It is weird that people say injuries didn't matter last season. Because our season was the same as if we would have the players who got injured(look at @say yes Cazorla example). What the **** kind of logic is that? What we needed was to have better record than we had to win the league. We were done no favours by losing so many players to injury. Our season was always up and down, we were always trying to find a new balance.

Take a Sanchez for example, he never really got going, the whole season. We needed him to score a hell lot more of goals than he did. That didn't happen because he never really got going, injury in mid of the season. The same with losing starting midfield for 3+ months. The rest of the season went trying to find a new balance in the midfield.
 

James Bond

Moderation Consultant
Before the Norwich game when the medical staff sat down with Wenger to discuss the tests and scans on Sanchez, were you present?

The desperation in defend anything and everything Wenger does. :drool::lol:

In both cases with players with injured hamstrings still being played Wenger has control of who is in the squad/squad rotation and who is subbed and when. Both cases he rolled the dice and lost them for 2 months.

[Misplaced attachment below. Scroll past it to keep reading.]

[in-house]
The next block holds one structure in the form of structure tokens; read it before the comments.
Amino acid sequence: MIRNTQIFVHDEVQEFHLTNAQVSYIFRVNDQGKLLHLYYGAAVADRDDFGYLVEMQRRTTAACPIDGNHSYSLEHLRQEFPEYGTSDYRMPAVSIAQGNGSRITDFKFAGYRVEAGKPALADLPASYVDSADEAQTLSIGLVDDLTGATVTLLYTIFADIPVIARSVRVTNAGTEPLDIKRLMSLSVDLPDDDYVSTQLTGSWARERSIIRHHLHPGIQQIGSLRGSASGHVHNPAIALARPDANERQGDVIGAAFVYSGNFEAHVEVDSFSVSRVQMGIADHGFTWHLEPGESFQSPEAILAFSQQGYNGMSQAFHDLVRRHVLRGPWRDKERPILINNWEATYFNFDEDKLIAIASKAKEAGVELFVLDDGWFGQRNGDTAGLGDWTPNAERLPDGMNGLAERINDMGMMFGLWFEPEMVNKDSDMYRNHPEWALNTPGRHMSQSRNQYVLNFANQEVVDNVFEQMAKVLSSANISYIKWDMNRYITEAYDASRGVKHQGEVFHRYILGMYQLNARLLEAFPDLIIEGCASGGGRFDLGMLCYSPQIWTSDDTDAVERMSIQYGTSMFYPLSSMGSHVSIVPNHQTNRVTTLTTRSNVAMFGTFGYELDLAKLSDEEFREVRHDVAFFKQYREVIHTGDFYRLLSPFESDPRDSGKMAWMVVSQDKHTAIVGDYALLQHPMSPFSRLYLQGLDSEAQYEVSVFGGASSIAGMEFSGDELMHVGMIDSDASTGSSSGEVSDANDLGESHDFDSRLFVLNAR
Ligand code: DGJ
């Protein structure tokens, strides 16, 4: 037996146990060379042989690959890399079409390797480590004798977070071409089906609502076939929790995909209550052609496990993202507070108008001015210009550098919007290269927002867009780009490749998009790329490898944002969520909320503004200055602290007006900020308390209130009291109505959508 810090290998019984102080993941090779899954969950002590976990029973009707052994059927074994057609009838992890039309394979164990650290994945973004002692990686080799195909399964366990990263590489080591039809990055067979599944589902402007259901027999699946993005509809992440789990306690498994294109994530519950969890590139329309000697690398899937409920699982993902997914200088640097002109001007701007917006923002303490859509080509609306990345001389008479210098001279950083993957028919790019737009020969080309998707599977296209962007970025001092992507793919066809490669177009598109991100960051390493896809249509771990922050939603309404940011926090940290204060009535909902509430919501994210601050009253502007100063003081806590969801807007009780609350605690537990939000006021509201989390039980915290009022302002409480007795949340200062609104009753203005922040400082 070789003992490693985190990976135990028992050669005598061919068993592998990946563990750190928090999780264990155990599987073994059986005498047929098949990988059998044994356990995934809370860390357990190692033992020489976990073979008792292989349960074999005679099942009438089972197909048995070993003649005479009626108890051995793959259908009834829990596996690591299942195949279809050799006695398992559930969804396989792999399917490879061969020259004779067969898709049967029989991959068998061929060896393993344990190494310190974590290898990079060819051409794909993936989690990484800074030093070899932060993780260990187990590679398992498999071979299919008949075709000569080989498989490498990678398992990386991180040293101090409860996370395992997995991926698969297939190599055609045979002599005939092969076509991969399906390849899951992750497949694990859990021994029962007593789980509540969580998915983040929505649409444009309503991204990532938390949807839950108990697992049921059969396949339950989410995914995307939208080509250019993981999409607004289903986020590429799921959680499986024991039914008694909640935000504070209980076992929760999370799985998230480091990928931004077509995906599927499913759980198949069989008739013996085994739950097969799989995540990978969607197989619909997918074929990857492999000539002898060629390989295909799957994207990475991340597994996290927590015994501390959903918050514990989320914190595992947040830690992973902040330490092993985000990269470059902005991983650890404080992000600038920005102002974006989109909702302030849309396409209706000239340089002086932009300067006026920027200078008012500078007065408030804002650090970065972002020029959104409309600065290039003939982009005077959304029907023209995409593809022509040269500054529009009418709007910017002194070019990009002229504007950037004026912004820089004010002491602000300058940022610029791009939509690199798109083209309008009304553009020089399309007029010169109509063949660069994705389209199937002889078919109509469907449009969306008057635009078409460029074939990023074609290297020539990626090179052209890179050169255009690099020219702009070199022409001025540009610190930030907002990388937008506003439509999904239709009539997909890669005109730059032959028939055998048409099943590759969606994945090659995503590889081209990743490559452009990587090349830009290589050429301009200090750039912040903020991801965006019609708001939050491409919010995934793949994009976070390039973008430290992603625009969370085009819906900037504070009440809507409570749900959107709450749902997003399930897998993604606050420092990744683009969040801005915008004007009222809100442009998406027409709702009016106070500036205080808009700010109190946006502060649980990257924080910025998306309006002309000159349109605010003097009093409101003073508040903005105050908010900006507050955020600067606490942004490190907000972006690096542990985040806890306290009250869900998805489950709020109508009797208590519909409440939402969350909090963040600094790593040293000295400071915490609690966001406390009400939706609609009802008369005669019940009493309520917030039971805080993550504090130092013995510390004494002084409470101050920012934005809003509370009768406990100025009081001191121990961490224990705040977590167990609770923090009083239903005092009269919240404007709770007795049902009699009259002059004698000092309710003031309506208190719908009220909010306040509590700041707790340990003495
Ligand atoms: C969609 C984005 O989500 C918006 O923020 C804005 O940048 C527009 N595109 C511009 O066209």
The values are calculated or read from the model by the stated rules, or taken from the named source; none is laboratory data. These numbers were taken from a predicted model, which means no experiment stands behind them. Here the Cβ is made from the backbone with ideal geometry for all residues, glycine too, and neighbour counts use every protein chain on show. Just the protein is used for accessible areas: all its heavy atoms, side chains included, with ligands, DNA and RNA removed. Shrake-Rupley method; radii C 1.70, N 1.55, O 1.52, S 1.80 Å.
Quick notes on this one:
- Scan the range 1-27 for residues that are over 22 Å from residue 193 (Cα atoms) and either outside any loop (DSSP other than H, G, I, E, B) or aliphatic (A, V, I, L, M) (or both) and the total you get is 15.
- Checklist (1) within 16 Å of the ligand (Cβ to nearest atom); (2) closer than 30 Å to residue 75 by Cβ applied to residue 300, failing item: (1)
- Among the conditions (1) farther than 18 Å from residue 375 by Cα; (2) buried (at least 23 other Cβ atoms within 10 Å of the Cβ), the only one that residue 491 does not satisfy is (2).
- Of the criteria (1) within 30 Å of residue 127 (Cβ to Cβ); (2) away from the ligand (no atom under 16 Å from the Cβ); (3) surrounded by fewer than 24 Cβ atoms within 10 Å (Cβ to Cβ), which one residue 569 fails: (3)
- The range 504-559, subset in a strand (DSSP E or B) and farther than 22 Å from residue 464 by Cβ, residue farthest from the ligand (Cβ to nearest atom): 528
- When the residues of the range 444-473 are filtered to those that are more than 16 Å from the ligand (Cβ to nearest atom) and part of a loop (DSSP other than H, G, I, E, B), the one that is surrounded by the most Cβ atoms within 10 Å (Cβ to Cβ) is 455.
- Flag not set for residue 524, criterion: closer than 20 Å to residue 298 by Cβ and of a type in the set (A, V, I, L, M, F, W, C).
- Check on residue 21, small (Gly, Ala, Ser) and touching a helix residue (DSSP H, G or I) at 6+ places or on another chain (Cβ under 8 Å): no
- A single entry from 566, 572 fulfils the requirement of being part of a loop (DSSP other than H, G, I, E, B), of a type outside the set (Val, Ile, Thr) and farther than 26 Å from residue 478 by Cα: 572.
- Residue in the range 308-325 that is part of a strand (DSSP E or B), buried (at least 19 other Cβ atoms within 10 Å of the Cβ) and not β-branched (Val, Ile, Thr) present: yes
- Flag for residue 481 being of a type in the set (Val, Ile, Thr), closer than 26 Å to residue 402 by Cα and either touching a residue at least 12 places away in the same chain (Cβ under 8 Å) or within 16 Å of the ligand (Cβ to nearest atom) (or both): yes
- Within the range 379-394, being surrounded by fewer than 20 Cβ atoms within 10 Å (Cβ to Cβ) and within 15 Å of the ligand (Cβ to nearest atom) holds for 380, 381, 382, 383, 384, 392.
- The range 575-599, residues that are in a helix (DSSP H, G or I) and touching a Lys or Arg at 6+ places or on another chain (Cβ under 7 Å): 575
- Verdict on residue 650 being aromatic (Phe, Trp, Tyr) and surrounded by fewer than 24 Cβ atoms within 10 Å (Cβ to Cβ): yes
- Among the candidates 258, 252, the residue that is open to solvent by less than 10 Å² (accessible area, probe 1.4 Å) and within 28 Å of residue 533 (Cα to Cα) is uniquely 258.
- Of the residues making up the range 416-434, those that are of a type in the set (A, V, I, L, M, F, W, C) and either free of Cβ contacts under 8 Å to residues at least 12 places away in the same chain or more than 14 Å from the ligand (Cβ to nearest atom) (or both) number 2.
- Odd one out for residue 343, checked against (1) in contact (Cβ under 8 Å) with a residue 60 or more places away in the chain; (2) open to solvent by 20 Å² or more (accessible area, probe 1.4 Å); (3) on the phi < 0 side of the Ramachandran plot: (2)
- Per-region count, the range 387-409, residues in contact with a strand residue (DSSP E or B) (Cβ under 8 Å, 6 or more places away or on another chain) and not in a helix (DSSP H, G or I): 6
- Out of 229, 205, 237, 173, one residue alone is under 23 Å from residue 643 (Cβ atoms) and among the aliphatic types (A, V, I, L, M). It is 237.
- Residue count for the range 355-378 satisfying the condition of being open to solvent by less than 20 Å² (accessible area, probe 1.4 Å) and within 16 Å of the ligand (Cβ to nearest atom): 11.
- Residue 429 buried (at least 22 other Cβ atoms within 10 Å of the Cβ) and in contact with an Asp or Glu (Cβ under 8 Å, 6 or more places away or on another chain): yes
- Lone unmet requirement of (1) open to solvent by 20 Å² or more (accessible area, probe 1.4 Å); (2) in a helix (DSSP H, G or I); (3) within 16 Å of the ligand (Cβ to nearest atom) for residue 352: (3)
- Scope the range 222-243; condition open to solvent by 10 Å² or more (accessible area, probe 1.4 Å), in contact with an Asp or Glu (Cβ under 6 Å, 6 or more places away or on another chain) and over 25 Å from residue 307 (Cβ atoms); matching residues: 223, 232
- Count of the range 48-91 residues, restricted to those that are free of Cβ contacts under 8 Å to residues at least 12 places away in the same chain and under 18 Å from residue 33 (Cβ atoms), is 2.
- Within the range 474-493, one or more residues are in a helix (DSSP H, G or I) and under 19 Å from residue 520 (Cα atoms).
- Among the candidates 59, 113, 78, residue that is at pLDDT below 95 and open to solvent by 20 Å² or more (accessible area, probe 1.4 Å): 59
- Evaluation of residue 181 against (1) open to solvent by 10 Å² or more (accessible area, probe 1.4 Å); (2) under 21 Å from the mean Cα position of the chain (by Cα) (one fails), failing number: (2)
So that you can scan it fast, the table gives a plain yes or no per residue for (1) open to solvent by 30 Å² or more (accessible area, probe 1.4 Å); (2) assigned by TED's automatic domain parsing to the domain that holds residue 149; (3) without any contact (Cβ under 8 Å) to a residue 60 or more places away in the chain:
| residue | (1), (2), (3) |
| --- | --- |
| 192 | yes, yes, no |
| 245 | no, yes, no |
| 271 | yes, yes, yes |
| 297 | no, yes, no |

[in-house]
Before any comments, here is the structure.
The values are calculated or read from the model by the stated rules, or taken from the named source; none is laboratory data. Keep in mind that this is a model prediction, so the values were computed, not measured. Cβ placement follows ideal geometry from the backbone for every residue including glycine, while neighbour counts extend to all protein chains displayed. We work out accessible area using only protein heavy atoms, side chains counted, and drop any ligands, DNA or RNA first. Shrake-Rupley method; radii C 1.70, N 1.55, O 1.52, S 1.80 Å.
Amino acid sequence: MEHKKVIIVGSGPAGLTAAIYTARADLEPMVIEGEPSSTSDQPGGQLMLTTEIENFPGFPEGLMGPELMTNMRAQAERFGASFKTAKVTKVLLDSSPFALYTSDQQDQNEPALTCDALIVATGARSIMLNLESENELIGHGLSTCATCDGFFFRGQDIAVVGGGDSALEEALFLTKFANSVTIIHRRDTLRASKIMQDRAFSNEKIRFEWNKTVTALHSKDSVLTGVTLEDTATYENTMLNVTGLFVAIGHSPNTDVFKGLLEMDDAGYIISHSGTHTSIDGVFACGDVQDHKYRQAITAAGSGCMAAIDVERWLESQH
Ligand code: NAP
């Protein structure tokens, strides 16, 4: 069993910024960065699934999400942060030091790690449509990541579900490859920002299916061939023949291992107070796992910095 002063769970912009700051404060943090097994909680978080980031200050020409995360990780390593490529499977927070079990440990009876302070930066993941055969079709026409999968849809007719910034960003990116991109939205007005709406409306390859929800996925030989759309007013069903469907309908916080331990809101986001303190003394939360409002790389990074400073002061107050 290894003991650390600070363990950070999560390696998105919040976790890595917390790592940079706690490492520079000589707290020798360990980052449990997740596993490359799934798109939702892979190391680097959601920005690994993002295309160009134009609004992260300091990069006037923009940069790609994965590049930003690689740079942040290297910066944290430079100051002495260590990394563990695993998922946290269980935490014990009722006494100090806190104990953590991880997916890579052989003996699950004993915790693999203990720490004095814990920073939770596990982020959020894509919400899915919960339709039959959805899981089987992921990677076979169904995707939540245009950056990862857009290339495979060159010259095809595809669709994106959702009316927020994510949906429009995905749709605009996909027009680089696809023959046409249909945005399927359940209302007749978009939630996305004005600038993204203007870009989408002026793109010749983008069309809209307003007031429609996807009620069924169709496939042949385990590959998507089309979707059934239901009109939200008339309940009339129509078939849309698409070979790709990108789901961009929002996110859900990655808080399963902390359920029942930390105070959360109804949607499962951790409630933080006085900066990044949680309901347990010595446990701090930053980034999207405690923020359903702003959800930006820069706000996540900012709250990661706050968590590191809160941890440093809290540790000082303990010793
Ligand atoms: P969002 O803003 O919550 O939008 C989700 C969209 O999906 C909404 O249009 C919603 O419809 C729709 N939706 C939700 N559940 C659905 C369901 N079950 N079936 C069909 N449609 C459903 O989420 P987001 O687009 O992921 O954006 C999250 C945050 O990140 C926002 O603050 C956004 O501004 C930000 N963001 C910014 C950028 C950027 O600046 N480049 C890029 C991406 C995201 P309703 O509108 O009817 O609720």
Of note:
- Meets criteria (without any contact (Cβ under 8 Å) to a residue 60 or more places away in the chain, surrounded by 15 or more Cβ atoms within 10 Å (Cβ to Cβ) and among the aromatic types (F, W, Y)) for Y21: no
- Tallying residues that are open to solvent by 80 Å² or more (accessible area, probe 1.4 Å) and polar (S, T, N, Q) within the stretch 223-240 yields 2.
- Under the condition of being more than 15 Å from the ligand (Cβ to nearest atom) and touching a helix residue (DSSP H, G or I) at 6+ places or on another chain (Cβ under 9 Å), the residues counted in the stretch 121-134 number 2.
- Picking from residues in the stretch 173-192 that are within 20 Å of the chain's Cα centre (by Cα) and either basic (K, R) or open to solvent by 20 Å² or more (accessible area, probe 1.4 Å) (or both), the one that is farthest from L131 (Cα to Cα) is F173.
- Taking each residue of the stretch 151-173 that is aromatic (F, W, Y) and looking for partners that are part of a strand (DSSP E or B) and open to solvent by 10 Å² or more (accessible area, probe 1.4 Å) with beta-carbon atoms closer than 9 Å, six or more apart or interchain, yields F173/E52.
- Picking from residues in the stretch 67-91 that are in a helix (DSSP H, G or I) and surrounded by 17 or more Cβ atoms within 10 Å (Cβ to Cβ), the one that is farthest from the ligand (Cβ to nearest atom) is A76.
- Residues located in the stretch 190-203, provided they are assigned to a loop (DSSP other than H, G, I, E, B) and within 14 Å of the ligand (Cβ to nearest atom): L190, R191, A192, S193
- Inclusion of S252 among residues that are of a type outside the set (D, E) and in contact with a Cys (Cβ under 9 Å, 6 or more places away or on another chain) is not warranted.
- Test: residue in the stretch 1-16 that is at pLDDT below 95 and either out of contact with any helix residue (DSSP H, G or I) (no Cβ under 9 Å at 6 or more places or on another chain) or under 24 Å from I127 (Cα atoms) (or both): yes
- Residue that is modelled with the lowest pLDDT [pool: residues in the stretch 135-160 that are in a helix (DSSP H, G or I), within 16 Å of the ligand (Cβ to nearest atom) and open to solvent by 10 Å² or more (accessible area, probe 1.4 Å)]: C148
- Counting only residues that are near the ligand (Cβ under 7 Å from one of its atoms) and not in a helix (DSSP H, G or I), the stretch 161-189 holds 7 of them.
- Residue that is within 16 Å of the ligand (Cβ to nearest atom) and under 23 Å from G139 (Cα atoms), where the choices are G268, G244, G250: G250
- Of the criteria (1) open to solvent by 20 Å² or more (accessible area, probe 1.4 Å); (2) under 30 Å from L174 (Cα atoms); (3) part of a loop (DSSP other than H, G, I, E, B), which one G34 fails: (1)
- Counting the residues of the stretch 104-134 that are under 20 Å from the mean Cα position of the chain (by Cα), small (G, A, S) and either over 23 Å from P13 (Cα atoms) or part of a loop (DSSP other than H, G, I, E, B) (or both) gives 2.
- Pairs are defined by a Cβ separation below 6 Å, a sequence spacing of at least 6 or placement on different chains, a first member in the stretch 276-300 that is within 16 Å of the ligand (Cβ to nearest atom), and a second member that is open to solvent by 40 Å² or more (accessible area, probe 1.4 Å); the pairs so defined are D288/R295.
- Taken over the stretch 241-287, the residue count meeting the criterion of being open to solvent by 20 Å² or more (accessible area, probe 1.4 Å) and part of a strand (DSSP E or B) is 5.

Makingtrax

Planes, Trains & Social Media Rants
Yeah OK you're right we had 239 player/weeks of injuries last year, and it didn't affect our results, that's just a f***ing excuse. And when those players came back they didn't struggle for form at all. Wenger made some terrible gambles, without listening to his medical staff.

No bullshit there . . . . wait . . .
 

hydrofluoric acid

Many Men Wish Death Upon Me
It is harder to predict if players are injured or not at half-times. It is not like in your football manager game, that it comes up a yellow bar who say the players is about to get injured.

Wenger is not a doctor. Even the players don't know if they are injured or not.

Injuries are hard to predict.
 

Doom

Well-Known Member
This short article is on injuries from last season.